Electric Plug-in AND Hydrogen Fuel Cell Cars
Regular readers of this column know that I have been a clear and forceful advocate of alternative ways to power transportation. The internal combustion engine was invented more than a century ago. We are now entering the decade that will take us toward the new definition of automotive transportation. We are about to define what the car of the 21st century will be. We must, as a country be open to all forms of vehicular power.
More than two years ago I wrote about the electric car. Since then, in numerous speeches I have said that 2010-2015 will be the beginning of the age of the electric car. There have been columns about the Aptera and the Tesla as examples of companies already producing electric vehicles that have met with great consumer receptivity. There is no question that pure plug-in and plug-in hybrids will be front and center in the automotive marketplace of the next decade. It is important that the U.S. and other countries support the rapid development of this new form of power train vehicles.
Given the crisis situations we find ourselves in relative to the state of the 20th century automotive industry, the issue of global climate change, the soon to be permanently high price of oil and its negative effect on the global economy, it is imperative that we stand open, inquisitive and forceful in exploring all ways to replace this now broken and dangerous landscape. For too long we have been both blindly ignorant and beholden to special interests who have kept the US from increasing fuel efficiencies and investing in the essential technologies of the 21st century.
A few months ago I spoke at the National Hydrogen Association’s annual conference. As I wrote here, I learned much a lot about the current state of hydrogen in the marketplace. I also wrote about the sublime experience of driving several hydrogen fuel cell cars. I came away from this learning experience absolutely convinced that hydrogen fuel cell vehicles can and should be as much a part of the 21st century automotive business as electric vehicles.
When the Big 3 flew their corporate jets to Washington last fall, I suggested that if the Federal Government wanted to bail out the 20th century automotive industry, they should invest a similar amount of money in the 21st century automotive industry. Help from the federal government will speed up the essential need to wean ourselves from fossil fuel combustion. As the government helped to fund the development of hydro electric power in the 1930s and launched the development of the interstate highway system in the 1950s and 1960s, so now it must invest in both battery technology and hydrogen fuel cell technology and the essential infrastructures to allow them to quickly grow to scale in the U.S.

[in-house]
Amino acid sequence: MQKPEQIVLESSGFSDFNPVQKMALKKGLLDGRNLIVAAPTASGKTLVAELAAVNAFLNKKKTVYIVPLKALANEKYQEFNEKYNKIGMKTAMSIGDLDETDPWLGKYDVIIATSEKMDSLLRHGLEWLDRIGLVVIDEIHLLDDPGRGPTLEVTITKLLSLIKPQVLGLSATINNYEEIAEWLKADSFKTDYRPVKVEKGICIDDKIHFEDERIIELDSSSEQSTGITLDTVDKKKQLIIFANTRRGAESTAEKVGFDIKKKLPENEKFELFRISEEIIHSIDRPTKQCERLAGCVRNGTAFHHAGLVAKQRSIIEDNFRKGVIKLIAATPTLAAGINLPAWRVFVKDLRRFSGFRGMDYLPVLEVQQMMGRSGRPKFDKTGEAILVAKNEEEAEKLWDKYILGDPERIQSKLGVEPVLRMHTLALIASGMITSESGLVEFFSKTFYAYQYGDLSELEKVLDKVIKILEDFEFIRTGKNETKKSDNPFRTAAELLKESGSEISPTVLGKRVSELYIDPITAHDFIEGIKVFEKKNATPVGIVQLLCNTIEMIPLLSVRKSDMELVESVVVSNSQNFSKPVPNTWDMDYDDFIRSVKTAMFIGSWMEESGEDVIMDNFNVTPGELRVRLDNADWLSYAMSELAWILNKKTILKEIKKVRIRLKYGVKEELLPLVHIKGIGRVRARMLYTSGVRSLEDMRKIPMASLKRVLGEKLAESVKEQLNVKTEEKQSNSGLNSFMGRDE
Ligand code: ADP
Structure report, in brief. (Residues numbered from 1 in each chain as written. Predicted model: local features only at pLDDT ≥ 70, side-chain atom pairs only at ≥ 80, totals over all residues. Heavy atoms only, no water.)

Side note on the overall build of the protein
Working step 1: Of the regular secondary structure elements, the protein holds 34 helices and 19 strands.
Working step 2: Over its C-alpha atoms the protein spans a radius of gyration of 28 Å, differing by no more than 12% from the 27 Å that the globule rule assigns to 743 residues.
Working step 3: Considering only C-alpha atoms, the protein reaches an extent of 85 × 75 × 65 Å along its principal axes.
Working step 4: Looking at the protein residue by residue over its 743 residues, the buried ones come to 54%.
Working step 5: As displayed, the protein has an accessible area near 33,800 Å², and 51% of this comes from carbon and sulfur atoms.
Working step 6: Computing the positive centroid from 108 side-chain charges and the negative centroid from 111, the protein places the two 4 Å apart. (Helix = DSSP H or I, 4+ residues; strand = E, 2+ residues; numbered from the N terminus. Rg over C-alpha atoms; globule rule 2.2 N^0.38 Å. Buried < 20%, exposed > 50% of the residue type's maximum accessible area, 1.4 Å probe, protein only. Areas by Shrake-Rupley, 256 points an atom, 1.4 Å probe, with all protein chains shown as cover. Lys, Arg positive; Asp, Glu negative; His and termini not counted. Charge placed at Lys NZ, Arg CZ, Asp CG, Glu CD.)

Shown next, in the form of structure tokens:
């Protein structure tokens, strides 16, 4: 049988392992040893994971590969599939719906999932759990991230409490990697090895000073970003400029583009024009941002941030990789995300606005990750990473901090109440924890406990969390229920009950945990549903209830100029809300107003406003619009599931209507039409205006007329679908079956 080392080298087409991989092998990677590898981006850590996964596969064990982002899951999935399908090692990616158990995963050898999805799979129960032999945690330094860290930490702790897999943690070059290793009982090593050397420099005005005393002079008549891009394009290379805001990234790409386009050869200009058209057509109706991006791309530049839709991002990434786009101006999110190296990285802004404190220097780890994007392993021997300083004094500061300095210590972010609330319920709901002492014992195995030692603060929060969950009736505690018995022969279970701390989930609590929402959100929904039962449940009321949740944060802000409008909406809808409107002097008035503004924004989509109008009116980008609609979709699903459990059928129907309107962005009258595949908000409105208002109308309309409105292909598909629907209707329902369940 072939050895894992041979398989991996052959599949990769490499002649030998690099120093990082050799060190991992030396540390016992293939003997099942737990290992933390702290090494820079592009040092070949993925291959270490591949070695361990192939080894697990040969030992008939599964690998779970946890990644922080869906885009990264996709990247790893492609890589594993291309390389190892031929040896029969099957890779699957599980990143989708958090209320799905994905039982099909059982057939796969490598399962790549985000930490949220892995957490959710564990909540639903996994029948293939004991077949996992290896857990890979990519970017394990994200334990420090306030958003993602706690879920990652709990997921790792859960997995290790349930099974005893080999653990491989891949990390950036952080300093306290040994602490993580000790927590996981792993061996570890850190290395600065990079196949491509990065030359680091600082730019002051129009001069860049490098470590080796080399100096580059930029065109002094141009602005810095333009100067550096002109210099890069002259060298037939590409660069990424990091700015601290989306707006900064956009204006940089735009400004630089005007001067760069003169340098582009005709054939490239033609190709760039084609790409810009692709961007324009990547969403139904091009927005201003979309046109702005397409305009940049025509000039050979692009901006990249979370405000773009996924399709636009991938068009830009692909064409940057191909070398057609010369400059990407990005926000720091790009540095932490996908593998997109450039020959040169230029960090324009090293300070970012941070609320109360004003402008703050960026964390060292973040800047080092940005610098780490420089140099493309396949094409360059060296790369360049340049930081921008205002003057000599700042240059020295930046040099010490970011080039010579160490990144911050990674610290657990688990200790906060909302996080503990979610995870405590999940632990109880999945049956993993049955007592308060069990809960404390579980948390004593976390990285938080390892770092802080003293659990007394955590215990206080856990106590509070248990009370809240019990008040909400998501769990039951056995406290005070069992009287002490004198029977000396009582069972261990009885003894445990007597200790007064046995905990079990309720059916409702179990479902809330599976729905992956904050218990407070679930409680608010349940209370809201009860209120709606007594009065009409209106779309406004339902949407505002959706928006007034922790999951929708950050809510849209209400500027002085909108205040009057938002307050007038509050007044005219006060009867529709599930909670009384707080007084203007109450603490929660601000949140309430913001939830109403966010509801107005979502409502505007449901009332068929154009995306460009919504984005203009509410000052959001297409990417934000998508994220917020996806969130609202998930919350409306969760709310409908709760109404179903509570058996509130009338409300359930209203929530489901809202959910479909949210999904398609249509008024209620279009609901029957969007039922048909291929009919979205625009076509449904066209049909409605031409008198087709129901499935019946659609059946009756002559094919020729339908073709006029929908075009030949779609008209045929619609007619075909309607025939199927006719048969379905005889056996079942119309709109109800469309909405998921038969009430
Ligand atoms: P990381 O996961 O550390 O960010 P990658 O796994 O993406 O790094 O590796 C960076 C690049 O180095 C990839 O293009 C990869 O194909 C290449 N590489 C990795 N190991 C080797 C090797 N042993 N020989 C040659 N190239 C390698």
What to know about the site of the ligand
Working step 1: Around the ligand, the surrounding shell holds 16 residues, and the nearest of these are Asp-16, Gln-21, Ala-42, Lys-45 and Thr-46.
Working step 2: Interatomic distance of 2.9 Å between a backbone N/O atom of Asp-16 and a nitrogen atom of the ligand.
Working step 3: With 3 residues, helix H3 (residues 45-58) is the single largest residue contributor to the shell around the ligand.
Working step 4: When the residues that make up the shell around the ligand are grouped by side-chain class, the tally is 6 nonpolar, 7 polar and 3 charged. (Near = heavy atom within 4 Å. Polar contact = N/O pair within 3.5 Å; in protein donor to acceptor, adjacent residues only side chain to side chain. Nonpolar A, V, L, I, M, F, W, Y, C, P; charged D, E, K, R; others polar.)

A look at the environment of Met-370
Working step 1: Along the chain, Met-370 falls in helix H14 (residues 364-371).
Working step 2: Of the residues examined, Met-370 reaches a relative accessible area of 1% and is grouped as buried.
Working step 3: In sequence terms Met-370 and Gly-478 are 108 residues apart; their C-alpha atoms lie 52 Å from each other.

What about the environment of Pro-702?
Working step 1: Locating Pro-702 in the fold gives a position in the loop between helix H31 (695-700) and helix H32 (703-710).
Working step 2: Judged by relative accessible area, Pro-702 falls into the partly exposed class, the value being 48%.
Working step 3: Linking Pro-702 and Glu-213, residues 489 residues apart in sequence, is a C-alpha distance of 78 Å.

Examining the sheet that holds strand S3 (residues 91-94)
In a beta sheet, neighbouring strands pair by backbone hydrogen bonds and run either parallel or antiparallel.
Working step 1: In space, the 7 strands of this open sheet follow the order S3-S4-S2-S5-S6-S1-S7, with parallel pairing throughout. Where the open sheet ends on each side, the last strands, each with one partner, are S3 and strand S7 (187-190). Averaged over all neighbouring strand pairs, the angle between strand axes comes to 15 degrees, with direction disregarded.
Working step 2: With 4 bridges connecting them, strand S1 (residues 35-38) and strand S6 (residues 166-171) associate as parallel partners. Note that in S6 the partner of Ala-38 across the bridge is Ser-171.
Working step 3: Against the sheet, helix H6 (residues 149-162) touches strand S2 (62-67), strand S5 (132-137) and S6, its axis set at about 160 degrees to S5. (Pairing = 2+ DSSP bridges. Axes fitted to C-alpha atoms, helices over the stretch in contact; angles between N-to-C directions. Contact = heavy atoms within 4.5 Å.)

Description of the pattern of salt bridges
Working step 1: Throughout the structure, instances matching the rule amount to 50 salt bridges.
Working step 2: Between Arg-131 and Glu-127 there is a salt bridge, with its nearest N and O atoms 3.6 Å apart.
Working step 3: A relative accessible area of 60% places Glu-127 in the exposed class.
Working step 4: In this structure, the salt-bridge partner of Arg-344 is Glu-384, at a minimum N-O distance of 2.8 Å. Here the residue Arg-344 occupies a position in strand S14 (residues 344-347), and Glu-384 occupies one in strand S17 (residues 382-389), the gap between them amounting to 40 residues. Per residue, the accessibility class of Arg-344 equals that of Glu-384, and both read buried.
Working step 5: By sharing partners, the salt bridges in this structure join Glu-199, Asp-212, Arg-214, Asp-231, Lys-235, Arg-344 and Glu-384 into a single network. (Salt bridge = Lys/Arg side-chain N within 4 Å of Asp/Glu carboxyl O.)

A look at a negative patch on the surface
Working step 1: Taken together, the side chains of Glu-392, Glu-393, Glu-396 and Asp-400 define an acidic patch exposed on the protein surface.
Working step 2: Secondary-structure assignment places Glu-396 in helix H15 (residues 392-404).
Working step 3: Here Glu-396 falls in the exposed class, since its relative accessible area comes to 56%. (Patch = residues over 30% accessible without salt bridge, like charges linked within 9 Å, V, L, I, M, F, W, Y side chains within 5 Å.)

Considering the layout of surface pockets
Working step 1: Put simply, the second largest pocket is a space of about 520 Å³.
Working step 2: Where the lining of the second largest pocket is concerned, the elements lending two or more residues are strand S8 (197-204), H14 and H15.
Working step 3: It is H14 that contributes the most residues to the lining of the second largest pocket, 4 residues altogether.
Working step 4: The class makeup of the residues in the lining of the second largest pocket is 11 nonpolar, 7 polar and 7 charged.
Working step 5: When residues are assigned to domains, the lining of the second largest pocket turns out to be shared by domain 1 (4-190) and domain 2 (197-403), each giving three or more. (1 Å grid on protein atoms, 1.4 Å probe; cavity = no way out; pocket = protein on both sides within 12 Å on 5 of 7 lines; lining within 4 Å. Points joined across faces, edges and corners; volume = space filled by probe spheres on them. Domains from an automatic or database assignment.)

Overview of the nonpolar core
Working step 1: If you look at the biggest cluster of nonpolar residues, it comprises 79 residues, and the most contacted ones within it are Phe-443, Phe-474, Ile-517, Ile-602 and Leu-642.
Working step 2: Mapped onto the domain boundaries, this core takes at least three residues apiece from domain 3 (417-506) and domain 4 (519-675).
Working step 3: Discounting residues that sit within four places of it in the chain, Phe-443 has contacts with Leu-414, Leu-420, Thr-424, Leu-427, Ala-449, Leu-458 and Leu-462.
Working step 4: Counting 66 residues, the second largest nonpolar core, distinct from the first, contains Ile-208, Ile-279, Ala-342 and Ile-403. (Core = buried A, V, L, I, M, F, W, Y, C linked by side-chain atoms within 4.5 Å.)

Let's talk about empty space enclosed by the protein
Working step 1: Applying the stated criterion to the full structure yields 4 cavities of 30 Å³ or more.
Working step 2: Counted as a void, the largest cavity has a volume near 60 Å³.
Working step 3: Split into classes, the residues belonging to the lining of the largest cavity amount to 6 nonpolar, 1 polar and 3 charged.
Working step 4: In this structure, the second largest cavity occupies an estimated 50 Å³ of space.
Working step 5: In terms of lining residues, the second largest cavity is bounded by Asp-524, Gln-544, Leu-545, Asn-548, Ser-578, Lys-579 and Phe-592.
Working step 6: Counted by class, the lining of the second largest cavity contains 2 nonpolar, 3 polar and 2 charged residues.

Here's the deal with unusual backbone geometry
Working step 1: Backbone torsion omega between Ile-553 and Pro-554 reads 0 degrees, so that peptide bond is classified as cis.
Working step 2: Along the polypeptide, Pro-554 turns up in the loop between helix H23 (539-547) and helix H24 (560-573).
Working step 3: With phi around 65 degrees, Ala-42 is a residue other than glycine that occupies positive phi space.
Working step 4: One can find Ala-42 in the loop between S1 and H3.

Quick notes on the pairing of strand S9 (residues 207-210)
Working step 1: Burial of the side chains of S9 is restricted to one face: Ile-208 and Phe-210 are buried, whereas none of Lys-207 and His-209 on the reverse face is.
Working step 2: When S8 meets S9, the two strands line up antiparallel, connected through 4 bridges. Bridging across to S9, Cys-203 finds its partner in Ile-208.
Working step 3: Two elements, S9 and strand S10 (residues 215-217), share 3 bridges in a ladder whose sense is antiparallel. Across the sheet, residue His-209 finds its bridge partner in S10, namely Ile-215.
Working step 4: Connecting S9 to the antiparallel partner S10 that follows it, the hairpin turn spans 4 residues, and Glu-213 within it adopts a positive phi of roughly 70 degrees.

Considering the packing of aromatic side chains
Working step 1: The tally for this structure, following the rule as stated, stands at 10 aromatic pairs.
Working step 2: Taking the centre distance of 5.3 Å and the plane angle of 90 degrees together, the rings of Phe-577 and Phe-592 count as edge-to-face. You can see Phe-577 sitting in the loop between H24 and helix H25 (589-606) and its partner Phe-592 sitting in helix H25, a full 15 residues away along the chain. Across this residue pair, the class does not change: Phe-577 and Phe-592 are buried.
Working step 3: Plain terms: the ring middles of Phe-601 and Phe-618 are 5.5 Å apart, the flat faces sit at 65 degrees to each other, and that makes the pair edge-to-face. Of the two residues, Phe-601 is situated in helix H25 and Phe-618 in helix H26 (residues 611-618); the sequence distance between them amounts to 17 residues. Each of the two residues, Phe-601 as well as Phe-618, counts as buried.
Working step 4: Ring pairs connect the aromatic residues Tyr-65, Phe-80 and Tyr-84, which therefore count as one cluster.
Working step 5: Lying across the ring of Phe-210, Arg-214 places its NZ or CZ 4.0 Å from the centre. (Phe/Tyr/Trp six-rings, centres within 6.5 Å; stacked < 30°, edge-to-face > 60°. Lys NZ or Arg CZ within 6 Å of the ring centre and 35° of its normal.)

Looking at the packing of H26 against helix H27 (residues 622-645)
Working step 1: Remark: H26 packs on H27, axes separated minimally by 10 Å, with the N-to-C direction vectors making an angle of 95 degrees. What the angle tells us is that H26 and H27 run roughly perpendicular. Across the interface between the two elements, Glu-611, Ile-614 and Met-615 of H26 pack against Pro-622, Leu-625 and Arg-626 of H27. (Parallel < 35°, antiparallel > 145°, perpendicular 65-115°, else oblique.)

I was therefore greatly enthused about the new commitment the Obama administration has made to alternative energy, green technology, a new 21st century energy grid and the support of R&D for battery technology. However, I recently learned that the administration and the Department of Energy, while planning on investing $2 billion for battery manufacturing and $400 for transportation electrification, had actually cut $143 million from the Hydrogen and Fuel Cell Program and completely eliminated the federal hydrogen vehicle program! I was and am absolutely dumbfounded by this.
I know the Obama administration has the right intention when it comes to alternative energy and freeing this country from dependence on imported oil. They are absolutely right about support for the investment in battery technology and electric transportation. However, solving the energy and transportation crisis we are in entails the support of all promising and proven ways known to achieve our goals. I do not want to think that the Obama administration has allowed their energy vision to be corrupted by any special interests from the electricity sector of the economy. It must therefore be an oversight, a mistake or a case of having a major blind spot.
To put this funding cut in perspective, let me suggest what that the proposed spending cut could do if restored to the budget. $143 million is enough to put a hydrogen station within 10 miles for every resident of the Los Angeles metro area and every 25 miles along the highways from LA to San Diego, Palm Springs, Santa Barbara and Las Vegas–convenient fueling for 15 million people in one year. Los Angeles already has the beginning of a hydrogen fueling infrastructure and Honda has a number of leased hydrogen fuel cell cars on the road there. For the amount of money GM burns through in less than a day, we could have the largest car market in the US ready for conversion to hydrogen fuel cell vehicles. This in turn would prompt car manufacturers to start to ramp up production.
I will write on the bright future the US can have with both hydrogen fuel cell cars and electric plug-ins in my next column. However I am so concerned that the bright future of hydrogen fuel cell cars is at critical risk due to the stunning oversight of the Obama energy plan that I called the National Hydrogen Association and asked them what can be done. Evidently they have set up a link to connect to Congress. Here it is: http://capwiz.com/fuelcells/home/ . I rarely suggest readers taking action on anything. However I am a futurist and just cannot let what must be an oversight that could cripple one of the ways to change US vehicular transportation slip by without intelligent discussion. I am now going to let the elected officials that represent me know that they must not cut, but increase spending for the hydrogen fuel cell industry. I hope you do the same. To not do so continues the blind, mindless stupidity of our recent governmental inactivity in the area of transportation fueled by alternative energies.
Next week, a clear vision of how we can, by 2020 dramatically change what transportation in the US can be.